Class Code 8810: Aggressive Interpretation Of The Definition
Here's another simple example from disputes we've seen with aggressive auditors. How would you classify the following "clerical" employees?
- They park in the lot in behind building
- Enter through the back door
- Walk through the shop to get to 100% separated offices in front of building
- Work exclusively in the office throughout the day
- Walk back through the shop to get to parking lot at end of the day
Believe it or not we've seen auditors reclassify these employees away from class code 8810 by claiming that the employees are not separated from the shop 100% throughout the day. In effect, leaving the employer with zero clerical office staff (from a work comp perspective).
Auditors, like the one mentioned above, would interpret the rules to force these employees in the governing class code rather than clercial 8810 and charge you more premium. "In order to be classified 8810 you have to be separated from all of the operations 100% of the time." But, the actual classification is not that straight forward as you can tell from the questions I had for my client (above).
The price difference can be astounding between class code 8810 and other classification codes. If you receive a premium audit report where any or a large number of employees have been reclassified to other codes, the premium auditor must explain in full detail why the class codes were changed during their audit.
You should find those explanations in the Auditor's Worksheets that the auditor produces during the audit. Even if you have no dispute, it's a good idea to request and review these after your audit. FYI, your broker will not do this for you. Even if a broker is a qualified payroll auditor (none are), your insurance company will not send your broker Auditor's Worksheets. They will only send them to you due to the confidential nature of the payroll information. You may then forward on to anyone whose consultation you engage, of course.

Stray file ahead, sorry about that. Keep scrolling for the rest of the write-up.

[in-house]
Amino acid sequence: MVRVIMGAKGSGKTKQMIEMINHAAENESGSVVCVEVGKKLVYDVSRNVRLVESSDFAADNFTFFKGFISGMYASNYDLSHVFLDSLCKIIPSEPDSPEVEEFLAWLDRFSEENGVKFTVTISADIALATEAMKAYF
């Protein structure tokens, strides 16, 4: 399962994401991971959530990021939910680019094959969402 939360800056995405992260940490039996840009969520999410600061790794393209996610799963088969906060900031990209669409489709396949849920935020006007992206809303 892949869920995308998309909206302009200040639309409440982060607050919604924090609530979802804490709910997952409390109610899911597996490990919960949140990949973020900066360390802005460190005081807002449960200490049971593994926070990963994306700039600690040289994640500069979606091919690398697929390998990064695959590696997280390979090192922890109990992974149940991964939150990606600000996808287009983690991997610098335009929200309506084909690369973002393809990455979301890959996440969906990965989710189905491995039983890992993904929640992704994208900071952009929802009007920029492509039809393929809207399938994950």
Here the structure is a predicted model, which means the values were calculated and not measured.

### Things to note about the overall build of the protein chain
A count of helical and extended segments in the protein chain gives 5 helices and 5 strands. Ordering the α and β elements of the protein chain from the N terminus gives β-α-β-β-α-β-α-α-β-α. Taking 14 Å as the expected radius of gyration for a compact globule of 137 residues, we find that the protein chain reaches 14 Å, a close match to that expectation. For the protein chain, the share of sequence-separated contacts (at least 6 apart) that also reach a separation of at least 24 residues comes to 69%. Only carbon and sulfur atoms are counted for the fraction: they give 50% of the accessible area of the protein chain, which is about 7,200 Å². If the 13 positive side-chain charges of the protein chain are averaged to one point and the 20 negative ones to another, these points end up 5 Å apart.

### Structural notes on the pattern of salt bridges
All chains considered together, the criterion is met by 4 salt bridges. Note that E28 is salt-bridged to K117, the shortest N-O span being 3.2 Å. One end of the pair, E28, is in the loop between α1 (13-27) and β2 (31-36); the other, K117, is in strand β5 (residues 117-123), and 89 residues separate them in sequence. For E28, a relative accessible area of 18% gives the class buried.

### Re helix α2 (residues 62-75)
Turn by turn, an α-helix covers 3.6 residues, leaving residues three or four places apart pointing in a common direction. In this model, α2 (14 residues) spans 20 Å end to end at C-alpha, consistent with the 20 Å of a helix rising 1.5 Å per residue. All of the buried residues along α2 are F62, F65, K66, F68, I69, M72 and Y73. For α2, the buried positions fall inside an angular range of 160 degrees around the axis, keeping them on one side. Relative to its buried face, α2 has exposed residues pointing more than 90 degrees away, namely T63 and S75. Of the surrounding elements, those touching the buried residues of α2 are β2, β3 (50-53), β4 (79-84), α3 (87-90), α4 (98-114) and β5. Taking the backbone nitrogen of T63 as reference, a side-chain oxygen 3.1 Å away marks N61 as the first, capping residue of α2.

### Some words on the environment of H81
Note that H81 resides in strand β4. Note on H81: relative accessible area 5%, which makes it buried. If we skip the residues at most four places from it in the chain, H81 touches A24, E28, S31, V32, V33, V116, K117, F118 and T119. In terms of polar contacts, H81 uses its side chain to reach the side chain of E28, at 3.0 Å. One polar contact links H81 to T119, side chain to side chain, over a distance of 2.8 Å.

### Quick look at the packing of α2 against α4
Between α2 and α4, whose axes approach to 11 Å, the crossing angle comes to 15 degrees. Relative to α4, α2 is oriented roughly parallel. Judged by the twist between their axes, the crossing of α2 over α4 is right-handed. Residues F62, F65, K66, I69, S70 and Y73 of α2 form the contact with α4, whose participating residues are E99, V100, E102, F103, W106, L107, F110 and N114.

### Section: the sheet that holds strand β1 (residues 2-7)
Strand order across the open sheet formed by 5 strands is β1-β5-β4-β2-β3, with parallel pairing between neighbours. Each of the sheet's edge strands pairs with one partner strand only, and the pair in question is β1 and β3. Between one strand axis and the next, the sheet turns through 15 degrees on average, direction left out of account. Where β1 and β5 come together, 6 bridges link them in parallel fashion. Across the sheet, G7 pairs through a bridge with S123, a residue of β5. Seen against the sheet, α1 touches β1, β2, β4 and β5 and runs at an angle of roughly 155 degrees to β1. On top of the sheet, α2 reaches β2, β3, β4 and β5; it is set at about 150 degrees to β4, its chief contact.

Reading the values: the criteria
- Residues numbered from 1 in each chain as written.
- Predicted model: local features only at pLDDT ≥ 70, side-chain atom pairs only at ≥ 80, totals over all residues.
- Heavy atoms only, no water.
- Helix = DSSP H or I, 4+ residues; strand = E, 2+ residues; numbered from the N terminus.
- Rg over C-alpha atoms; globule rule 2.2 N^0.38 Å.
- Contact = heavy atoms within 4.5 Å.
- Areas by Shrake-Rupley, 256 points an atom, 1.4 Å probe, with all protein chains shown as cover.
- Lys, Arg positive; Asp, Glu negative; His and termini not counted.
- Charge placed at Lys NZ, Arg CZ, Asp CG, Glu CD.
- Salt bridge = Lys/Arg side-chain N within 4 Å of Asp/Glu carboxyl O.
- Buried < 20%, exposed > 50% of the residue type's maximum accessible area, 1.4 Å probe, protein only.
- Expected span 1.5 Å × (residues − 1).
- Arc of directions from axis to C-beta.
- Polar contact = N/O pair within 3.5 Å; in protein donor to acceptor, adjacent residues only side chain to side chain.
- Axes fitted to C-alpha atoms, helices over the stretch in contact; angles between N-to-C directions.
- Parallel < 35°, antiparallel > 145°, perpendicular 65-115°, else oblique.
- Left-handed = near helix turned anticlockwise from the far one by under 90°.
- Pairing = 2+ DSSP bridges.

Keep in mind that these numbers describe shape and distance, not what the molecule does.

Even if the audit was a phone audit or completely performed using software, the auditor will (should) input explanations. You may find those in the miscellaneous notes section.
THE BOTTOM LINE: INSURANCE COMPANIES WILL REPRESENT CLASSIFICATION RULES RELATED TO THE 8810 CLASS CODE TO BE IRON CLAD WHEN IN FACT THEY'RE NOT.
There's much subjectivity based on a company's unique circumstances and there are numerous state exceptions.
If you determine that your insurance carrier reclassified employees who you believe should be class code 8810, you may want to initiate an audit dispute. Please call us to discuss your unique circumstances and potentially help your company, even if the reclassification was up to three years ago!. These issues will impact your work comp program costs indefinitely, so, let us know if you feel a reclassification away from 8810 was mistaken.
Also, it would be a good idea to take a look at our warning signs and reach out if you'd like assistance for any other reason.
Problems With The 8810 Class Code Designation For Work Comp
From a pricing perspective, of course, having a large part of your workforce classified under workers compensation code 8810 - clerical office employees - NOC is advantageous. It keeps costs down
However, if you suspect that any of your employees are misclassified as class code 8810, you may not be saving as much as you think. That's because your work comp class codes impact your your expected future losses and your Experience Modification Rate. Class code 8810 - Clerical Office Employees is very inexpensive because they so rarely have work comp claims. If they do, 8810 class code employees have very minor injuries that result in no lost time.
Since your Experience Modification Rate is a measurement of your actual losses vs your expected losses, a misapplied 8810 class code will reduce your Expected Losses and make your actual losses look worse by comparison. And, this will drive your Experience Modification Rate higher (let me know if you'd like a more detailed explanation of how this works).
If you think your insurance company is missing something and you have employees classified as class code 8810, you might not be saving as much as you think through an artificially high Experience Modification Rate. And, if you're in an industry where it's common practice to use EMRs for qualifying new business, you might be losing out on the revenue side of the equation too.